Lennar Urban prevails in master developer saga IT’S YOUR PAPER
From the desk of...
May 27, 2016
PEGGY SPEAR Concord Pioneer
Community input, research key to base project
As your mayor and council member, I’ve taken extraordinary efforts to study issues, ask important questions and make intelligent, reasonable and fair decisions for Concord. Selecting the right master developer for Phase 1 (10 percent of the site) of the Concord Naval Weapons Station is no exception. As a lifelong Concord resiArtist rendering courtesy of Lennar Urban dent, I have seen many LENNAR URBAN WILL TAKE THE FIRST STAB AT DEVELOPING THE VAST CONCORD NAVAL WEAPONS STATION after a unanichanges over the years. I too mous May 11 decision by the Concord City Council. The first phase will be developed in 40- to 60-acre See Mayor, page 6 parcels. For more information on Lennar’s proposal with the city, visit www.concordreuseproject.org/pdf/ proposal/lennar.pdf.
‘Rent Strike’ fights back at increases
In a long, drawn-out civic process that resembled a soap opera or a bad reality show, the city of Concord unanimously selected Lennar Urban as the master developer for Phase 1 of the Concord Naval Weapons Station Base Reuse. Only three City Council members were eligible to vote. In statements to the press and the public, council members reiterated that the decision did not mean that Lennar had rights to development of the entire base. Even Phase 1 will be doled out 4060 acres at a time, depending on performance. Rather than transfer the entire 500 acres of the first phase to Lennar at one time, the city will turn over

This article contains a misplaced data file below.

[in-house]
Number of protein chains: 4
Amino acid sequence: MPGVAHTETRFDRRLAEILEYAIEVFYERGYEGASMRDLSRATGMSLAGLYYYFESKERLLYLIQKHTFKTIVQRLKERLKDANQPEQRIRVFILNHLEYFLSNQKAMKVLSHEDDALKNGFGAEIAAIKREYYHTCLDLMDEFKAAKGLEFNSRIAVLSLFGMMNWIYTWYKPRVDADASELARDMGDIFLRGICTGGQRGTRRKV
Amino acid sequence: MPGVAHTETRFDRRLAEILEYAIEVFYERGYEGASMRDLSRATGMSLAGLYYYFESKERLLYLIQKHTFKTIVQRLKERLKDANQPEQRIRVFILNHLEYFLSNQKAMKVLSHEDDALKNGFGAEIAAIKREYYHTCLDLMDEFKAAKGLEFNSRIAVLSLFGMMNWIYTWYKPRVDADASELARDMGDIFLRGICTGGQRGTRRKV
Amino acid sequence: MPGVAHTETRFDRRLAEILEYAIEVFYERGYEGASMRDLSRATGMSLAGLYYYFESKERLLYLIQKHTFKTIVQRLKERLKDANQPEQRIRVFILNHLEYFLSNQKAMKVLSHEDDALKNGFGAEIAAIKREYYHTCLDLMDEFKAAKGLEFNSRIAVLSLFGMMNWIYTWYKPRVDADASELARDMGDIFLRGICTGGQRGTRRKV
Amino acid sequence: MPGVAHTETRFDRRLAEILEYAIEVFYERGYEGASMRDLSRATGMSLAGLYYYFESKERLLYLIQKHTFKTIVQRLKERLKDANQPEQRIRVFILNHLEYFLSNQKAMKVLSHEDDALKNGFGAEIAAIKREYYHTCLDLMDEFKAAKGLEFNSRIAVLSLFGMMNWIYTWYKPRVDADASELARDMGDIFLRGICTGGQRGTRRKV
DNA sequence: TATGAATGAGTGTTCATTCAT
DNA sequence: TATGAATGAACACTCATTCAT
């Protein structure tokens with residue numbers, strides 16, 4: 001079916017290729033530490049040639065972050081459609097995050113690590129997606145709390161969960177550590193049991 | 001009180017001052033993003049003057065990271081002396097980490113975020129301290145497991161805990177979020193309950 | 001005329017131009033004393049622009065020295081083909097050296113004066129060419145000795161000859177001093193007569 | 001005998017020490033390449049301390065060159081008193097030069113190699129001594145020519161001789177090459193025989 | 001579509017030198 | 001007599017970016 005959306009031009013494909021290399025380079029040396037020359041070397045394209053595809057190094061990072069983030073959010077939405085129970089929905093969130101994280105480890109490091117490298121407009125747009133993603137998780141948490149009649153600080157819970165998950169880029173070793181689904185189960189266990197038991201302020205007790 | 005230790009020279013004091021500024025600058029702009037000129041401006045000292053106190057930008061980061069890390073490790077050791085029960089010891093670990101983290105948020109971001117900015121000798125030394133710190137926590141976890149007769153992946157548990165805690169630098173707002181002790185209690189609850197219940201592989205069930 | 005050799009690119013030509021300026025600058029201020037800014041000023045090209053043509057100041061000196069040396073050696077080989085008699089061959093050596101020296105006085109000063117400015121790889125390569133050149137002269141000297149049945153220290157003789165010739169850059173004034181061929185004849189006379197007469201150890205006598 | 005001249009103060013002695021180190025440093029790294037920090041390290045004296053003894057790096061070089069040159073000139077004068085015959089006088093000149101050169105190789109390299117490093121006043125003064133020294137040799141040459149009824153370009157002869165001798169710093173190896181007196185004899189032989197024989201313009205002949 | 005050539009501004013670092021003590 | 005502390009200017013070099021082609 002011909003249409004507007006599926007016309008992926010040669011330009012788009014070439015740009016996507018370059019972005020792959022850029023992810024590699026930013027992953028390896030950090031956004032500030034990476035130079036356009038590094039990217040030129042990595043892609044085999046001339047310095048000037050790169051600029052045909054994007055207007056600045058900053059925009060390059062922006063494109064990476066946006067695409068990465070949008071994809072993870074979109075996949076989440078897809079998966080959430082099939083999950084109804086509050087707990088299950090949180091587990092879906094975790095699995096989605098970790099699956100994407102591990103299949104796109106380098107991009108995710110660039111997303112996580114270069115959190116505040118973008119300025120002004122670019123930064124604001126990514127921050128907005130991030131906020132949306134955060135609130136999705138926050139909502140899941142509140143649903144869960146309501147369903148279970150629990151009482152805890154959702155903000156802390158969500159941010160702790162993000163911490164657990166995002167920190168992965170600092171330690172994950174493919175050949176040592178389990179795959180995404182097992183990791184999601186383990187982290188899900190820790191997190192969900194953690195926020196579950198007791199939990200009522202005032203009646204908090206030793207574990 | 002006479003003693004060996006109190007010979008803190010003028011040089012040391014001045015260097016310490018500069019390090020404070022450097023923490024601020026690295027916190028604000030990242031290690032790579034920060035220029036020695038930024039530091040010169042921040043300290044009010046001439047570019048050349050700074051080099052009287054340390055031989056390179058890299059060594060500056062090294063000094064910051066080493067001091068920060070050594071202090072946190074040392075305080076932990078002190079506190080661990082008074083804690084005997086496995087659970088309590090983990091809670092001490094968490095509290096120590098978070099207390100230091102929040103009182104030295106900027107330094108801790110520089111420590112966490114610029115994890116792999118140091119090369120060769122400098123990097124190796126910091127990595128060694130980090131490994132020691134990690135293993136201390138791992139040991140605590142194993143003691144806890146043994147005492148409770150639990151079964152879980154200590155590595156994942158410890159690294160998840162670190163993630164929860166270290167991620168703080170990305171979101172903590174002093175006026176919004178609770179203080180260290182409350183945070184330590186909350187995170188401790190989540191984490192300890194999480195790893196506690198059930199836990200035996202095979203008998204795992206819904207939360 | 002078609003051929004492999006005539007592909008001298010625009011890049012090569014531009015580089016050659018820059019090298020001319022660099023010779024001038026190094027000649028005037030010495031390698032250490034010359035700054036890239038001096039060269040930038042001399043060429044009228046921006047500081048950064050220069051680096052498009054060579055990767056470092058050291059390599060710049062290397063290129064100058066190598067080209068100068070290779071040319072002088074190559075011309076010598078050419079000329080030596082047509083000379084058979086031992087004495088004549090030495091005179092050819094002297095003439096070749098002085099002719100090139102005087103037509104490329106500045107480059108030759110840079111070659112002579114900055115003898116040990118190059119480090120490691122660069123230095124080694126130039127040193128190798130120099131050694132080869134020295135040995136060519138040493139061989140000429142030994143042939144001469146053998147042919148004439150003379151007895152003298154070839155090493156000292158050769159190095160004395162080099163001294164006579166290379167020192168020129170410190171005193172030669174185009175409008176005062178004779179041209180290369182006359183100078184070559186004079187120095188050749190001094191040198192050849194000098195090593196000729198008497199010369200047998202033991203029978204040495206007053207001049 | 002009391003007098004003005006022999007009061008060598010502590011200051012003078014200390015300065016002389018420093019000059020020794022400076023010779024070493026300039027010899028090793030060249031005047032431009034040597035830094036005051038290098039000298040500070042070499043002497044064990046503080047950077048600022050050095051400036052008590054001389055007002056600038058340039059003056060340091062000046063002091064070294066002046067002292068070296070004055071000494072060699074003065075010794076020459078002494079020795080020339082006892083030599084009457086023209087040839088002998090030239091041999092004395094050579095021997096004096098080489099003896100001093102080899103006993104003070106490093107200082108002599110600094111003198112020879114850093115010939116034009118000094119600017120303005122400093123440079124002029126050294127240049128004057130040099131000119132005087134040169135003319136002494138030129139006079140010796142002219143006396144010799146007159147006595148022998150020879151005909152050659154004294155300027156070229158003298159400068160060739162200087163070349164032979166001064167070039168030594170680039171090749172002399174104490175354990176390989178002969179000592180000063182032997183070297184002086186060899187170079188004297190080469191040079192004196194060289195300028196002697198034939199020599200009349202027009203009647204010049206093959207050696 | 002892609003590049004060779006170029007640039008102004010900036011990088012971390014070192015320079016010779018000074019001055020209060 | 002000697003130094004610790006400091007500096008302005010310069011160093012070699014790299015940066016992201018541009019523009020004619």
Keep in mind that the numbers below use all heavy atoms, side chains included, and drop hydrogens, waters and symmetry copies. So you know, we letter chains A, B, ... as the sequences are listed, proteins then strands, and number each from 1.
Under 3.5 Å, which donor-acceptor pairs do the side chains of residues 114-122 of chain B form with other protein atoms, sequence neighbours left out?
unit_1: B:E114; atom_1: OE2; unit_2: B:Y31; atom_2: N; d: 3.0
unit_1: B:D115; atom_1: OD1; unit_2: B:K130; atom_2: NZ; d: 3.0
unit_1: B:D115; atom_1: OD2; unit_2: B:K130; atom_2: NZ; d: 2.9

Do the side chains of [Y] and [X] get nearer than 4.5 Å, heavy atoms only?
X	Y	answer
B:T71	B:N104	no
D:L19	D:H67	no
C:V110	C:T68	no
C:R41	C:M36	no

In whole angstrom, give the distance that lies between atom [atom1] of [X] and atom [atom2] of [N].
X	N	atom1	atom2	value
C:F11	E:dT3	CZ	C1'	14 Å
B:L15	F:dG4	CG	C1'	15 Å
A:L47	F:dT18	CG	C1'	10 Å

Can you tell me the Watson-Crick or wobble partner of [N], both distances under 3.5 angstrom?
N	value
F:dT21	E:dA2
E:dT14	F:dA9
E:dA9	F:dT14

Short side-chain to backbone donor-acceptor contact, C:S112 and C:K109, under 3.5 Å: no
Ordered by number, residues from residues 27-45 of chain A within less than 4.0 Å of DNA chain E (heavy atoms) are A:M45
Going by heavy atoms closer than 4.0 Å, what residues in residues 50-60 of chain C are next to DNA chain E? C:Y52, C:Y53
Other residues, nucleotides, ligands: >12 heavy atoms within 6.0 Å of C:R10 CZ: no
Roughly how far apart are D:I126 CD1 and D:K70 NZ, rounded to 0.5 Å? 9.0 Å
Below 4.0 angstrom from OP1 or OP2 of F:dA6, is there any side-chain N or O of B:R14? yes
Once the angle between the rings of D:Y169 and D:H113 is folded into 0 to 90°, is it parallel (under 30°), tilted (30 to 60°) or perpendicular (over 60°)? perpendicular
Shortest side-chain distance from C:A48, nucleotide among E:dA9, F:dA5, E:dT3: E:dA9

See Lennar, page 14
Trees falls in right direction at Willow Pass Park
Editor’s Note: This is the second in a series on rising rents in Concord. Next up: Affordable housing – where we are and where we are going. PEGGY SPEAR Concord Pioneer